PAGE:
Videomaker – Learn video production and editing, camera reviews › Forums › Cameras and Camcorders › Consumer Camcorders › striping underlit footage….questions…
- This topic has 2 replies, 1 voice, and was last updated 10 years, 11 months ago by Anonymous.
May 28, 2010 at 5:59 PM #47941AnonymousInactive
Hi I have been in lots of events,and this ballroom footage is baffling.
I use GZ7 Hd The overhead lights ( flo) were 1/2 off,so its
RED mainly..the dancers,were not lit,and the only lights
were POPPING from still cameras.
I just shot it automatic..since it was crappy lights.
Now in AVI ( mainly) and in small clips,the footage
is STRIPING even in change to MPEG format
When I shot,the zebra was ON.
May 28, 2010 at 7:22 PM #197252composite1Member
Your first mistake was shooting on ‘auto’. Camera’s are dumb. When you use auto settings, you’re putting the camera in charge of your shoot and it’s going to go with what it knows. In an extreme lighting situation like you mentioned, what it knows wasn’t going to get you usable imagery.
Now I’m confused as to your word ‘STRIPING’. Are you saying there is striping as in ‘stripes’ visible in your footage or you shot ‘Stripping’? Please clarify.
Whenever you shoot a staged event, before hand you want to do a standard white balance under ‘white’ lighting. That way the camera sensor won’t change the colored lighting to something else. Oh and Fluorescent lighting is not ‘white’ BTW, it’s green. Next, you’ll need to ‘open up’ on your exposure and more than likely have to set your gain to the highest setting available. Depending on your camera, it’s going to be grainy so be prepared for that. Unless it’s a really well lit stage, zebra’s aren’t going to me much help.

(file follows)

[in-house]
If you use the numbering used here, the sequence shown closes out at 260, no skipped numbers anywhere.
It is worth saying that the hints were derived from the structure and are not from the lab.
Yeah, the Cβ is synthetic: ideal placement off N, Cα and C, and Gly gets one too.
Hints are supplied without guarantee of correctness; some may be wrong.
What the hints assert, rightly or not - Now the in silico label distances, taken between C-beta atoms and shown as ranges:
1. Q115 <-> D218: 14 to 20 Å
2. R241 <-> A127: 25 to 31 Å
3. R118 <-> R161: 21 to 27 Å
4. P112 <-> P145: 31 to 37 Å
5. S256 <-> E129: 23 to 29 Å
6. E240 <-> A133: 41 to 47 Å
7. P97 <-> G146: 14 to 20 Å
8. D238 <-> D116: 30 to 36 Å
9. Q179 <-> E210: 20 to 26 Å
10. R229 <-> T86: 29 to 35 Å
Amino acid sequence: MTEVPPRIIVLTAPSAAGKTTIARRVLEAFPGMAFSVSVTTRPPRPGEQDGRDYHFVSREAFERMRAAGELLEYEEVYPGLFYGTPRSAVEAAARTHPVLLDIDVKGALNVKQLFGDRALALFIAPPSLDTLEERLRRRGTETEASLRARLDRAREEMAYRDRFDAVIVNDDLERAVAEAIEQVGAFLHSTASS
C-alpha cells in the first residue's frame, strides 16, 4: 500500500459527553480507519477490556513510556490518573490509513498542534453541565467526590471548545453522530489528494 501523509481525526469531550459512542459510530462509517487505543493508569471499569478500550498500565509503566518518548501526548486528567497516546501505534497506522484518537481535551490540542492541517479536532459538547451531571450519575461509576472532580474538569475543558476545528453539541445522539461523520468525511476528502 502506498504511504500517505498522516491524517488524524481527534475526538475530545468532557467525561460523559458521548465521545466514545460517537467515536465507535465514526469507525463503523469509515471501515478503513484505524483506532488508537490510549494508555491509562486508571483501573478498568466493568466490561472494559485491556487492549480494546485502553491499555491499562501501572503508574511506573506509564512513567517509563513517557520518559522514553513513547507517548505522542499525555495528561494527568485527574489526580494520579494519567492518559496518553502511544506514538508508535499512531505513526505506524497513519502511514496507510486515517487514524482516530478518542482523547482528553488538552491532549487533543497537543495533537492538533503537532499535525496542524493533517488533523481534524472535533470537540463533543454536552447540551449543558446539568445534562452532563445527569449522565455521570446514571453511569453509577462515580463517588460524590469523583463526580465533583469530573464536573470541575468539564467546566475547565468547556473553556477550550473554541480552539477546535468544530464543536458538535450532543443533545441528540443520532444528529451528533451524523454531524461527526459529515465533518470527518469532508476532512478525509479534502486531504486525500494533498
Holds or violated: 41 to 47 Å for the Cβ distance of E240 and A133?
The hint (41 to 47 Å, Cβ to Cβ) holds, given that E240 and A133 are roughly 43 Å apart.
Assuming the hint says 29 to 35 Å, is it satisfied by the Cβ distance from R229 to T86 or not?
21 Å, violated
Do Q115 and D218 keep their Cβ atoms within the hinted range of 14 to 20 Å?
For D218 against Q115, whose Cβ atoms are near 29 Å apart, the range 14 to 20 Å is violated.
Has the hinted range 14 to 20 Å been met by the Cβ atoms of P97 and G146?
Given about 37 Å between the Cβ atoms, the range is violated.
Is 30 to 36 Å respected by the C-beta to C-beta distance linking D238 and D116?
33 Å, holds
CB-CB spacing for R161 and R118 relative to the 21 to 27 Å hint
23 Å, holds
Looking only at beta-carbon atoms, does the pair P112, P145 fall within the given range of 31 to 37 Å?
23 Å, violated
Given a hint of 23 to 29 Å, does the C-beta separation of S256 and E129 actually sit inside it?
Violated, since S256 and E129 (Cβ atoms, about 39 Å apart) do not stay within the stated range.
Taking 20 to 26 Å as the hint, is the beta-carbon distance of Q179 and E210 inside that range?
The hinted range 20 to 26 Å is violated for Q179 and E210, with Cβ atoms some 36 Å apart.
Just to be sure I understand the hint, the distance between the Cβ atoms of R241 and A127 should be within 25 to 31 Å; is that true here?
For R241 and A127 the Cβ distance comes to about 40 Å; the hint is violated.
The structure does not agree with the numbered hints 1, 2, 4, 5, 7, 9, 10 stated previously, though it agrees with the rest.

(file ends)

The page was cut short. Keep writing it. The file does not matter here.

May 28, 2010 at 8:32 PM #197253Grinner HesterParticipant
Sounds like you were over exposed and it’s dancing to illegal levels.
What do your scopes show?
I disagree with composite on the use of auto. I find several uses for it but auto/preset does vary from camera to camera. I do agree that you should have white balanced to white inthis case.
You mentioned you shot with zebras on. Did you adjust to what they were showing, leaving zebras on only whites (assuming you have them set to 100)? Hard to say without seeing it. Don’t go by a file format though. Bring your raw footage in and watch your scopes in real time.
- You must be logged in to reply to this topic.